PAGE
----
Several months ago I received an e-mail from Chou Chin-Haur, founder of the Chou Ta-Kuan Cultural and Educational Foundation in Taiwan. He told me I had been selected as one of 12 people around the world to receive the "Fervent Love of Life" award and that they would fly me and a companion to Taipei for eight days.

Of course I did some research about this group and found that it was one of the largest and most respected in Taiwan and was established after the death of Chou's 10-year-old son from cancer.

From the time of this child's diagnosis at age 7, he began writing poetry about hope, gratitude and love. Even after he knew he was dying, he wrote poetry about love for the world. His poems are so compelling that high school students throughout Taiwan study them.

All this made me wonder about a culture that so deeply honored love and compassion that a foundation would be created to teach these virtues.

I arrived in Taipei, a city of 23 million people, on a Monday at 5 a.m. to be greeted at the airport by Chou himself. What struck me most on the way from the airport was that I didn't hear any horns. In a city as crowded as New York, people accommodated one another. I later learned that there is a law against blowing horns too often.

Because this foundation and this award are prestigious and because my book Letters to Sam sold well in Taiwan, many in the news media were eager to interview me. Of course some asked about adversity and resilience, but all ultimately focused on love and compassion.

The following day, a large news conference was held with all of the recipients. Each of us had endured great adversity and devoted our lives to the greater good. And every speaker talked of the healing power of love.

Many times when I give a speech, I use the metaphor of a dilated heart as an experience we all have when we feel selfless love. This is the kind of love we experience when we see our child for the first time or feel deep gratitude for a sunset, a lover or life itself. I had become aware of having these feelings when my interpreter told me that someone from a radio station wanted to interview me.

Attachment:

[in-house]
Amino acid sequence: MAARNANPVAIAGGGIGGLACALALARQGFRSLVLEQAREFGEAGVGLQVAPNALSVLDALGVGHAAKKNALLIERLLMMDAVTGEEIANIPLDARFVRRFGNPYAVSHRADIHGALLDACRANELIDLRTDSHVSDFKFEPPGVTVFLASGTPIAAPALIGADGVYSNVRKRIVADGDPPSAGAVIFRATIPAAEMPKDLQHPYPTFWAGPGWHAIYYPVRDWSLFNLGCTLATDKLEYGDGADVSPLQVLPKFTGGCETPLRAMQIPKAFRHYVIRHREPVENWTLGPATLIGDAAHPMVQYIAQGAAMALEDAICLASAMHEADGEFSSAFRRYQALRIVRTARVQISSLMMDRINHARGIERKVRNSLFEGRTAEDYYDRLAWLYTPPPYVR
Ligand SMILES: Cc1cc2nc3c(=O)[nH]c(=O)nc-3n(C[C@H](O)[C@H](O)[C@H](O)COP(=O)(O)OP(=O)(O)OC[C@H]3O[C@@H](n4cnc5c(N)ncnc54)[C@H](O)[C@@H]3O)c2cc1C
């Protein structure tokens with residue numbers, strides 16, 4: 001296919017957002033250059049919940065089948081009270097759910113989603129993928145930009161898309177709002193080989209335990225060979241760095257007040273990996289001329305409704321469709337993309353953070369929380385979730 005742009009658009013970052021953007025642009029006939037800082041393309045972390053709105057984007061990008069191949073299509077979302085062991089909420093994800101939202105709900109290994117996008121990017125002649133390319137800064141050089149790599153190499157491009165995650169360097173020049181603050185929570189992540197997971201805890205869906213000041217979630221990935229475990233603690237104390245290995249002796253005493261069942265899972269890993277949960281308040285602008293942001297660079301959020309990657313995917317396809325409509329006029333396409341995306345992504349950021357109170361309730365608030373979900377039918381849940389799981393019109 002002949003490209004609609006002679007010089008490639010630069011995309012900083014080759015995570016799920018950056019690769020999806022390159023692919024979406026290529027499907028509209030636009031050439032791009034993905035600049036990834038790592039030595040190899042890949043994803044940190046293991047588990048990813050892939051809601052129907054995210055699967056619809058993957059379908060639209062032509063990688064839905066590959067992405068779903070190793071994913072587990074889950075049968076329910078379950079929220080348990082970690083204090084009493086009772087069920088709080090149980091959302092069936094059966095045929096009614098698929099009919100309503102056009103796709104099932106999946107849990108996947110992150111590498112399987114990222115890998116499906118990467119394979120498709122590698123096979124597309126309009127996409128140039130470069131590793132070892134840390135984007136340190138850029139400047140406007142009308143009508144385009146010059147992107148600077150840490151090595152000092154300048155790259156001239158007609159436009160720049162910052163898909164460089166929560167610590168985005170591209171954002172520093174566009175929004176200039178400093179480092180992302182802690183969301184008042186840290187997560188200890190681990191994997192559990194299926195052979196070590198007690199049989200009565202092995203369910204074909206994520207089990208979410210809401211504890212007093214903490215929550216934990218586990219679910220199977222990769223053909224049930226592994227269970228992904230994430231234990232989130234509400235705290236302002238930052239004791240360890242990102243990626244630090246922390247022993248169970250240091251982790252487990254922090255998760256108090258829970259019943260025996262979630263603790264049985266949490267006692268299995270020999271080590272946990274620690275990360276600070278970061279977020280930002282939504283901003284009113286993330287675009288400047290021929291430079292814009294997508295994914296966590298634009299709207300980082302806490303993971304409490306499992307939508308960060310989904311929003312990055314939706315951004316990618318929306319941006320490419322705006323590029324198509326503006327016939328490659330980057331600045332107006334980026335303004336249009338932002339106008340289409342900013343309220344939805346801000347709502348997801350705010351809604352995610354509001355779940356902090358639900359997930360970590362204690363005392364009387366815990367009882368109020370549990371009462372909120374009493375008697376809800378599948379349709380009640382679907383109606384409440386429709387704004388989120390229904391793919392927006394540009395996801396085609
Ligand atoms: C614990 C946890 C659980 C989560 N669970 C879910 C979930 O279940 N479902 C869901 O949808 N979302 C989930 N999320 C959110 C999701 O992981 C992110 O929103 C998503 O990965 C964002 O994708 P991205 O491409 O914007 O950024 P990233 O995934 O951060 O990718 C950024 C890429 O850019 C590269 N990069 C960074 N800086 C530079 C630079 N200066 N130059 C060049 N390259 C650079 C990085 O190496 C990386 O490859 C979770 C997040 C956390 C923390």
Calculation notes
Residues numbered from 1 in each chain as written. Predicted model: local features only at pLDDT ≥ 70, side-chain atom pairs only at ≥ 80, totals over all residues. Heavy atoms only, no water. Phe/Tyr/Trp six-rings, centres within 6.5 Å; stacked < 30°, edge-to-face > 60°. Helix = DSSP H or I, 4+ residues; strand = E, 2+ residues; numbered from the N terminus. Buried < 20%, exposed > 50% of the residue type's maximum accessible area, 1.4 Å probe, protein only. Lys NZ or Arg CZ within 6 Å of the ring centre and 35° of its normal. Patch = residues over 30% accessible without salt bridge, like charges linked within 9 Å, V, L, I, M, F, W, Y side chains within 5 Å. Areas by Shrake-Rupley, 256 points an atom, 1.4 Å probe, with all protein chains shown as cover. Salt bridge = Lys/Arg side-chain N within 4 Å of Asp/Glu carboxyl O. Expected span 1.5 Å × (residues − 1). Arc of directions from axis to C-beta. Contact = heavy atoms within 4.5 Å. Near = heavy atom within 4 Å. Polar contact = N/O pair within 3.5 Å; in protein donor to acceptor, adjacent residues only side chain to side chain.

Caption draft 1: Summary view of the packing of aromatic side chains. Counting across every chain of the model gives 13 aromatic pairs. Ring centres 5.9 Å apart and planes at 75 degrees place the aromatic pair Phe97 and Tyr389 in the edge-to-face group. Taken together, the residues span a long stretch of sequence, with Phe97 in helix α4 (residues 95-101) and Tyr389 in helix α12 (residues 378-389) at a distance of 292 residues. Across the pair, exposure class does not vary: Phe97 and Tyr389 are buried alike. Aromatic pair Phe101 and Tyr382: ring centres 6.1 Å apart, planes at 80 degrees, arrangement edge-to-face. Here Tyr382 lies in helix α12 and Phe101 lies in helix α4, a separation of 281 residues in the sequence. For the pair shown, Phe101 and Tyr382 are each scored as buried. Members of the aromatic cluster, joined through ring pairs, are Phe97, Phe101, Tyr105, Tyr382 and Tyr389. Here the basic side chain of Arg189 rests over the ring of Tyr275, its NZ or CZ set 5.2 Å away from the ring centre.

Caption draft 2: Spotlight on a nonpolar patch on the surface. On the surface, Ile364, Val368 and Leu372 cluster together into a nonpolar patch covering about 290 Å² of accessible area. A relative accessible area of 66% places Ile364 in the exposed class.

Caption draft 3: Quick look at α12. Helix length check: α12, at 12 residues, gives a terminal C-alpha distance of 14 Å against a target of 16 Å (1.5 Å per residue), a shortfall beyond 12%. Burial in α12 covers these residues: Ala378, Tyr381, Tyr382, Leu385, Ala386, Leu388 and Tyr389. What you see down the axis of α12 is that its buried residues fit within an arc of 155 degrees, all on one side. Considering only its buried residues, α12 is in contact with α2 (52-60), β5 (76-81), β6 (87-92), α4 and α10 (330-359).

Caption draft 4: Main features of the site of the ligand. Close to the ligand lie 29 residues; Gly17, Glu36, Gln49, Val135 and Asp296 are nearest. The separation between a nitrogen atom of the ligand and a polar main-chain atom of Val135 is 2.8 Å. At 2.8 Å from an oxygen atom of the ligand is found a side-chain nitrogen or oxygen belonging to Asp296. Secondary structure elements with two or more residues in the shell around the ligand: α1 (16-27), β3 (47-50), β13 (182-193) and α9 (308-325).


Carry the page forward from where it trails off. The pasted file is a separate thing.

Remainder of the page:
I arrived to find a beautiful young woman with a warm smile waving to me from her wheelchair. She told me that she had first read Letters to Sam while recovering in the hospital shortly after her father died. Her eyes welled up with tears as she said that she felt as if her father were talking to her through the pages. She wanted to meet the man who felt like her "living father." With this, we both held each other and cried.

I found out that she was the same age as my daughter Debbie and I was the same age as her father. Her name was Amily Wu and she has been in a wheelchair for five years as a result of an undiagnosed nerve disorder.

She told me of her anguish when she was first paralyzed and how her father comforted her. And although he rarely hugged her, she felt the same kind of loving warmth when we embraced.

As we chatted after the interview, she told me about a moment right before her father died when she took his hand and held it on her face. It was almost exactly what happened shortly before my father's death when he took my hand and kissed my thumb - the only place I have sensation.

After Amily and I hugged goodbye, she took my hand and told me that I looked tired and should rest. The voice of a loving daughter. I believe in love at first sight, but familial love?

The week was filled with many memorable events, including a visit to a homeless shelter where hundreds of men and women sang "Amazing Grace" as they waited in line with their rice bowls.

At lunch the day before we left the hosts brought in a famous calligrapher to paint a banner for each of us. When I was presented mine, I was told it said: "Kindness."

And although they characterized me that way, that was my experience of the people I met. They were kind.

Last summer, I had a talk with my grandson Sam about autism; I was curious about what he understood about the disorder. I asked if he felt different from the other kids, and he said he did. But when I asked him how, he thought for awhile and said, "Pop, I think I am more kind."

So I return from a culture that celebrates kindness. And now with my calligraphy framed, I promise to spend more time with my grandson and devote more energy to practicing the boundless lessons of kindness.

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Psychologist and WHYY-FM (90.9) radio host Dan Gottlieb maintains a blog at, posting comments or responding to a reader each day. He will also chat live with one person each Tuesday, noon to 1 p.m.EndText